Although this was the only time he played Sam Spade in films, he has become indelibly linked with the character, and "Sam Spade" has become a generic term for hard-boiled private detective, recognized even by those who have neither seen the movie nor read Hammett's novel.
Dashiell Hammett and Detective Fiction
The Maltese Falcondid more than transform individual careers; it helped change the detective genre and paved the way for film noir. Indeed, Huston's film represents a change in film detectives somewhat comparable with the influence of Dashiell Hammett's work on detectives in literature. The literary genre was itself a relatively new one when Hammett's work first appeared in the 1920s. The genre had its origins in the mid-nineteenth century in the works of Edgar Allen Poe, Charles Dickens, and Wilkie Collins, but did not hit its stride until the wildfire popularity of Sir Arthur Conan Doyle's Sherlock Holmes stories at the end of the century. These, followed by the work of writers like Dorothy L. Sayers and Agatha Christie, set the tone for what has become known as the British school of detective fiction. These stories and novels generally involved a very bright detective, a very bright criminal, and an extremely clever crime in a comfortable, highly mannered, and largely benign society. When the crime is solved, that society returns to a peaceful "norrnality."
Hammett's work, which first appeared in the popular "pulp" magazine Black Maskin 1923, was characterized as part of the "hard-boiled" school of detective writing, which was a reaction against the more genteel British tradition. The detectives were proletarians rather than aristocrats (Sam Spade as opposed to Lord Peter Wimsey), and the crimes tended to be brutal and often senseless. The criminal acts and the moral decay they revealed were representative of rather than aberrations from the workings of the society in which they occurred. Social problems such as organized crime and urban corruption that were largely irrelevant to the British stories were central to the American ones. The language was not polite discourse but street slang and, even though the individual crime might be cleared up at the end, the social and personal evils it revealed tended to be endemic. This fiction offered little in the way of a return to a polite "normality," even when the mystery was solved. Hard-boiled writers like Hammett, James M Cain, Cornell Woolrich, Raymond Chandler, and Jim Thompson were less interested in the complex orchestration and clear-cut resolution of the crime than they were in the dark motivations of the criminals and their relationships to the society in which they functioned.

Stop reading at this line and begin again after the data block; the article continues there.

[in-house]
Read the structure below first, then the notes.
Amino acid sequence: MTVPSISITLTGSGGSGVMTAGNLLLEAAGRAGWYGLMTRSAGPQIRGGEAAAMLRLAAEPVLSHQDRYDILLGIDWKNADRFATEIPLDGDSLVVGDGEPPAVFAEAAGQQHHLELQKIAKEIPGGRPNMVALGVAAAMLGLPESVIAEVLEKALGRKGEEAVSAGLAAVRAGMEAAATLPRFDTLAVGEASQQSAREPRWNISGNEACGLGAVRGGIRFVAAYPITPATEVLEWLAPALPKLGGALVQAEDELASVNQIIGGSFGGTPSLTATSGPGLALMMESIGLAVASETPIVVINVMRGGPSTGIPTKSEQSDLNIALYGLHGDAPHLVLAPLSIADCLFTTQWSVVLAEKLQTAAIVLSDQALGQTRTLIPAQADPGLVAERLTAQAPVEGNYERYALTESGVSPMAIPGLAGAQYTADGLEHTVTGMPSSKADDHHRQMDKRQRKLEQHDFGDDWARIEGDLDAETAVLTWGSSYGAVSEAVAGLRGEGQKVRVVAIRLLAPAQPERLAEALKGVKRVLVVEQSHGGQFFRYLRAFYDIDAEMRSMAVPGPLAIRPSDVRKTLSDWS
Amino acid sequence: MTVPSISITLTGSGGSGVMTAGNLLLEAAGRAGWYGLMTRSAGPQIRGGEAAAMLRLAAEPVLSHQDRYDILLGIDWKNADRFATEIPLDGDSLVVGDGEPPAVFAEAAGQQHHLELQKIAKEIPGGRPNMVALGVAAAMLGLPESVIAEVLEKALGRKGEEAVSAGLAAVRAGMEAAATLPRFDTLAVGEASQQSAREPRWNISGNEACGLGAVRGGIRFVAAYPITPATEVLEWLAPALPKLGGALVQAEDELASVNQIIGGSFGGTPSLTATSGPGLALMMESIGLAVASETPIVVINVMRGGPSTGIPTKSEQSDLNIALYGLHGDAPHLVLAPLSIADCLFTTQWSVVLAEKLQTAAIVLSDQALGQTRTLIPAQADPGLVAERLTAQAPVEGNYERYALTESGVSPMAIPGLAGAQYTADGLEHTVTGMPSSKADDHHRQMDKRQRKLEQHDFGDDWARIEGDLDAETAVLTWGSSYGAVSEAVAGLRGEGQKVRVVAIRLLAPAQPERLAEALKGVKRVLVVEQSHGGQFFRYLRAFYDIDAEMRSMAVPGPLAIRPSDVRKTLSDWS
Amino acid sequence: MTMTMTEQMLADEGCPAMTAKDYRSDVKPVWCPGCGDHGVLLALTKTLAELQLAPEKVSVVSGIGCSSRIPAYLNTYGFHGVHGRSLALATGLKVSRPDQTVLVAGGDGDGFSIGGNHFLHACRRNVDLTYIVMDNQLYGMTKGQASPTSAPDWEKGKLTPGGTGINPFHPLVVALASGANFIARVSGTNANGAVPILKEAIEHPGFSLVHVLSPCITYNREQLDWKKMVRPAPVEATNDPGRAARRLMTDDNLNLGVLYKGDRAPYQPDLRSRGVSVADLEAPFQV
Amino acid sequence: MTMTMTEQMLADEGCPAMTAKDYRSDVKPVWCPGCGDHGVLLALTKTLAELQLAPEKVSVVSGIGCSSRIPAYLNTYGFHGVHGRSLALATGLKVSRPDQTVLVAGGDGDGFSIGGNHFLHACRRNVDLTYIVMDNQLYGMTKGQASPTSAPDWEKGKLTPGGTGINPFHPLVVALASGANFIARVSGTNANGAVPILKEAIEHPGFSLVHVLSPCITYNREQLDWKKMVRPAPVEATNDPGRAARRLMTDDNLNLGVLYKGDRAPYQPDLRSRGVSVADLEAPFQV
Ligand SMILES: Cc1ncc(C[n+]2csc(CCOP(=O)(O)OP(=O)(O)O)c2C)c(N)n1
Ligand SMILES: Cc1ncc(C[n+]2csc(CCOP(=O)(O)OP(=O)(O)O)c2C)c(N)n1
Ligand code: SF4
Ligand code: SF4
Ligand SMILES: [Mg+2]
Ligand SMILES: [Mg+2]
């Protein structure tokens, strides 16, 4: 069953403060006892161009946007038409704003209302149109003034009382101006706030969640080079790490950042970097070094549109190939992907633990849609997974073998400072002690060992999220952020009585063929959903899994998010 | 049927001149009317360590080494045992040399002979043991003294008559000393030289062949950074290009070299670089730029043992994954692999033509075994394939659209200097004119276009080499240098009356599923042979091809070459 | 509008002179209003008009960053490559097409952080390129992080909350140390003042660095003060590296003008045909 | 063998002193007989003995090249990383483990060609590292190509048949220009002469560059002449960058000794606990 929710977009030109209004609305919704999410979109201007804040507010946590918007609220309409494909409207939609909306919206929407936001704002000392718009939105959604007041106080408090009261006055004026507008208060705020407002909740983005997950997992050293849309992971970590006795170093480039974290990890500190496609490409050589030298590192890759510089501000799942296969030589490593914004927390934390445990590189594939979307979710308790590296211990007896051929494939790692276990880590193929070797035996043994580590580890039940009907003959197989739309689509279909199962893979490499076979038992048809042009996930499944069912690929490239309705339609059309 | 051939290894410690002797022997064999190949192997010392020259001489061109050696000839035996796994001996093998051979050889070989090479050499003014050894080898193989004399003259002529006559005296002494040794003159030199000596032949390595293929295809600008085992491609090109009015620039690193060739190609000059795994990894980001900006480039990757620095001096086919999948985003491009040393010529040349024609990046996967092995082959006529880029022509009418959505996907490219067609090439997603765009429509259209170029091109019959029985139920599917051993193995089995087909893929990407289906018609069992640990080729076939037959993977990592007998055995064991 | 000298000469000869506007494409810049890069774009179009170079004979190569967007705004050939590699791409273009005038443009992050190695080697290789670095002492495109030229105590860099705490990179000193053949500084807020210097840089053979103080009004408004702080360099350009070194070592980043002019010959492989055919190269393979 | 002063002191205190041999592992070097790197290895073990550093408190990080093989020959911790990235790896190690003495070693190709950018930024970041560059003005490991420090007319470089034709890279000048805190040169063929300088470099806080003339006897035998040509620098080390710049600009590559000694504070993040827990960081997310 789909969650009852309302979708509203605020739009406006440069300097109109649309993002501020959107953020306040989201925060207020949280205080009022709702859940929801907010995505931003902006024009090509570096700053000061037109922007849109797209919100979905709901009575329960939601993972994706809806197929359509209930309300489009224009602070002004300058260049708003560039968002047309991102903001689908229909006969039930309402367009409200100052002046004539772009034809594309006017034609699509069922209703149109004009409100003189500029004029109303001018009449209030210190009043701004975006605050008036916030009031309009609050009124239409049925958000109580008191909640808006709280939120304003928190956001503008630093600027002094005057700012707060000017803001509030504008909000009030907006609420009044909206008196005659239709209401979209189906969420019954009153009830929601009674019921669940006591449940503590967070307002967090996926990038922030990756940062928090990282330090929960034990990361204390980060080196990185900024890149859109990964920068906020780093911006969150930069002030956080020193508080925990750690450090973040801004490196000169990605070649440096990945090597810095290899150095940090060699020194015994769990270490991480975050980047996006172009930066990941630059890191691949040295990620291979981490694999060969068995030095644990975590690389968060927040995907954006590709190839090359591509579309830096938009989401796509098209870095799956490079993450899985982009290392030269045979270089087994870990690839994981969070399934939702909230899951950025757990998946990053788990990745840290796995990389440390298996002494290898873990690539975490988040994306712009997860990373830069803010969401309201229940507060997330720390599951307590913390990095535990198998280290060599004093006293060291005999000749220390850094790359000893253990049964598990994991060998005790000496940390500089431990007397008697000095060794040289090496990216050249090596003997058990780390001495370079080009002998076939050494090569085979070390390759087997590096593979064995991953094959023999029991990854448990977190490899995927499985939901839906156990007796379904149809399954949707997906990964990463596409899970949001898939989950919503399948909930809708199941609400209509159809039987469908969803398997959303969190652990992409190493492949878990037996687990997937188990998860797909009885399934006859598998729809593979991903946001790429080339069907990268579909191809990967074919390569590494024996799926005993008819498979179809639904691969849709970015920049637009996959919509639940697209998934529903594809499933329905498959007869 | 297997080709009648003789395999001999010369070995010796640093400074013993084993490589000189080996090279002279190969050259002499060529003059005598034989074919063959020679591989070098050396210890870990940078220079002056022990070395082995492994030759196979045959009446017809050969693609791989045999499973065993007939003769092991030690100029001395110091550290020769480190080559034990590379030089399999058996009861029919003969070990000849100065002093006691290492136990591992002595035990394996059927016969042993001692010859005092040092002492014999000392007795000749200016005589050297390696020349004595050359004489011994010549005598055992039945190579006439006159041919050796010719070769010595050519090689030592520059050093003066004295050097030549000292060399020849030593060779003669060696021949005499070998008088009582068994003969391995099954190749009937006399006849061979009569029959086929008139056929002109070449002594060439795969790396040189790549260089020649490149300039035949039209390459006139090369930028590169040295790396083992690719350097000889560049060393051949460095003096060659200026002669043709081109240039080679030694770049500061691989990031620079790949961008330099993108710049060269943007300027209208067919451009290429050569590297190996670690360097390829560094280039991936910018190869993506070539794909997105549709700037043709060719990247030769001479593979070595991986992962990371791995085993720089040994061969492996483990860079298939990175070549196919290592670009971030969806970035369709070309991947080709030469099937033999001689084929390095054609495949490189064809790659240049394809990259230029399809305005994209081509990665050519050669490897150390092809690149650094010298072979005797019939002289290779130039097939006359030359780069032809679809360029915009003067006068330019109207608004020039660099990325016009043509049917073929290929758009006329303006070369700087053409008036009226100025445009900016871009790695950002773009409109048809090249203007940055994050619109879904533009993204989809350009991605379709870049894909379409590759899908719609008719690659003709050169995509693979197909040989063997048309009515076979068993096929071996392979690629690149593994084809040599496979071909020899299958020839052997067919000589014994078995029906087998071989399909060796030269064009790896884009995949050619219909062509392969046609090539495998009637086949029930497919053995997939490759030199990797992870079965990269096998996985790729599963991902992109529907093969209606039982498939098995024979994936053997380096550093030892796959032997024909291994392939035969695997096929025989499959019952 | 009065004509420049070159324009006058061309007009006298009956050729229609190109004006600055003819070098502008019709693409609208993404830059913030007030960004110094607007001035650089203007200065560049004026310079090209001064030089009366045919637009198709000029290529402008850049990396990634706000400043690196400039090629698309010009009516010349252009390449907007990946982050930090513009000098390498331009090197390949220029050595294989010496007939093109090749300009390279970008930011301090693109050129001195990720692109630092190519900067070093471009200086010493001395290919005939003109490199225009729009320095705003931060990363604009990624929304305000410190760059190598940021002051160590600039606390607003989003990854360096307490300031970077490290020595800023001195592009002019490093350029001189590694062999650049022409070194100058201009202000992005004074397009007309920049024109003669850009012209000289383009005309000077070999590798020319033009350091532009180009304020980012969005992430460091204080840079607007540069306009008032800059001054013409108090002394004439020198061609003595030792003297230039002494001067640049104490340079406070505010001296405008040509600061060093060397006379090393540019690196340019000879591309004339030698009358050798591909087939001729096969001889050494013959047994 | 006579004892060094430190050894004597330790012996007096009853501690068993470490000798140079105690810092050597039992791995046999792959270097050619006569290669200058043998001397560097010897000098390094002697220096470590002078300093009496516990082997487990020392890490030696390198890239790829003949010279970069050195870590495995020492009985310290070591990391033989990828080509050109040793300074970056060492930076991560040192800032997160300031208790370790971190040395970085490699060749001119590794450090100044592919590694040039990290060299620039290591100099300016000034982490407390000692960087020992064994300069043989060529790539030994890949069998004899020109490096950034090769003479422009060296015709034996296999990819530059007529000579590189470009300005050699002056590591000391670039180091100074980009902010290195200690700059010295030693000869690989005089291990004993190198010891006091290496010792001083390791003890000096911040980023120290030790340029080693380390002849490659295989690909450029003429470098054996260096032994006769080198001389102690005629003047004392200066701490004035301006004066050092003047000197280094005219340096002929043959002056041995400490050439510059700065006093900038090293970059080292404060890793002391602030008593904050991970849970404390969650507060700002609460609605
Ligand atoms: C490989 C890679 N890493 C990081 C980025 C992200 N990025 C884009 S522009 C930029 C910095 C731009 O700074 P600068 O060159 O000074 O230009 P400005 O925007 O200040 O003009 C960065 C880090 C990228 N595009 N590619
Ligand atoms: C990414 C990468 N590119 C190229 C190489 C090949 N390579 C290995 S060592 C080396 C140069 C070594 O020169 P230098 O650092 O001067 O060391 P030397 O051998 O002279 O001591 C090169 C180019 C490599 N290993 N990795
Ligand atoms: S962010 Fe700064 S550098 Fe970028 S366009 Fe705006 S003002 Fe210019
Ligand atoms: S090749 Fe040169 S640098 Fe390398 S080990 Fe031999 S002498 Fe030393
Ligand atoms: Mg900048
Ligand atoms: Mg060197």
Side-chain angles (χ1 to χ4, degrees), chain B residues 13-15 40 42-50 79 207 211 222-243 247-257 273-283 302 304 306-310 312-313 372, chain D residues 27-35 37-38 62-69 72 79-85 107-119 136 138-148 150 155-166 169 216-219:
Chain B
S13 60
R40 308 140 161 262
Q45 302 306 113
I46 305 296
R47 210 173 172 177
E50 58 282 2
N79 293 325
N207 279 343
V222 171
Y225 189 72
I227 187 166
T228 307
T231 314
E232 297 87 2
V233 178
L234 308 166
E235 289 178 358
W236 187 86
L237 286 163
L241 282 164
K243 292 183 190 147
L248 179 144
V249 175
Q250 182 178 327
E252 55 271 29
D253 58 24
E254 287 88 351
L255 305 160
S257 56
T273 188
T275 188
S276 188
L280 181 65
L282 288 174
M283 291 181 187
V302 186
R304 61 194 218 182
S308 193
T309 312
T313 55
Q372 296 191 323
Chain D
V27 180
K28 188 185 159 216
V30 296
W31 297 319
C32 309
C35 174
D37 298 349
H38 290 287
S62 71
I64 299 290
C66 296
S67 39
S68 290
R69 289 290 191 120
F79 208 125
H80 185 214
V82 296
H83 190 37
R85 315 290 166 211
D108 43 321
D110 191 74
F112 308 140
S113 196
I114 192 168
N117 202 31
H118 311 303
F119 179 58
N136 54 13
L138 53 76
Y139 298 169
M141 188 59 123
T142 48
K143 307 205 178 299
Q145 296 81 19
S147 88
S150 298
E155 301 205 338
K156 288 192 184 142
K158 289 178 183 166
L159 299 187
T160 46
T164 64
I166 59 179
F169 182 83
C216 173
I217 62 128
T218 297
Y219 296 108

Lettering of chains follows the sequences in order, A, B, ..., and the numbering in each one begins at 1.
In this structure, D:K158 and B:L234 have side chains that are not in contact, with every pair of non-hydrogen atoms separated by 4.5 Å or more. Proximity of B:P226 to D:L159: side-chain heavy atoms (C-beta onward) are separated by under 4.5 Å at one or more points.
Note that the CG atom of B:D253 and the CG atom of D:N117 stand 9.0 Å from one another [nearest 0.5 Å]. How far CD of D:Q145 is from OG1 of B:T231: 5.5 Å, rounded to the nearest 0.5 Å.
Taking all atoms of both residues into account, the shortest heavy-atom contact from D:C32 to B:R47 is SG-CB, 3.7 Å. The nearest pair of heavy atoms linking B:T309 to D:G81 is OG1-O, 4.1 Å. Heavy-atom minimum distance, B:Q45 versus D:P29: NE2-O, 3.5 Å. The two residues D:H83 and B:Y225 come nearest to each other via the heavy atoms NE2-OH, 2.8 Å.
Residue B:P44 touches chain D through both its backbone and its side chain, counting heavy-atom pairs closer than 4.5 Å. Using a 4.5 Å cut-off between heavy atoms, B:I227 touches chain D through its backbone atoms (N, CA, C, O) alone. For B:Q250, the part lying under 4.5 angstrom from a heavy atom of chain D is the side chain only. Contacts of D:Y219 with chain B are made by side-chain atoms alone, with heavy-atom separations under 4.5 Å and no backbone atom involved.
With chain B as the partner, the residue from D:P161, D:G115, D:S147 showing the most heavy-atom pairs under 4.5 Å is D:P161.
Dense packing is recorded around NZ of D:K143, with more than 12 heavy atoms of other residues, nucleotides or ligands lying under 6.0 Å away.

Hammett was not the first of the hard-boiled detective writers, but he quickly became one of the most admired and remains a standard by which others are judged. The Maltese Falcon, his third novel, appeared in serial form in 1929 and in book form in 1930. It was an immediate success and the film rights were /7/ quickly purchased for $8,500 by Warner Bros. Although Hammett's fiction won him an international reputation, he only completed two more novels. His work had helped create a genuine revolution in detective fiction, but by the time John Huston's film would help create a revolution in detective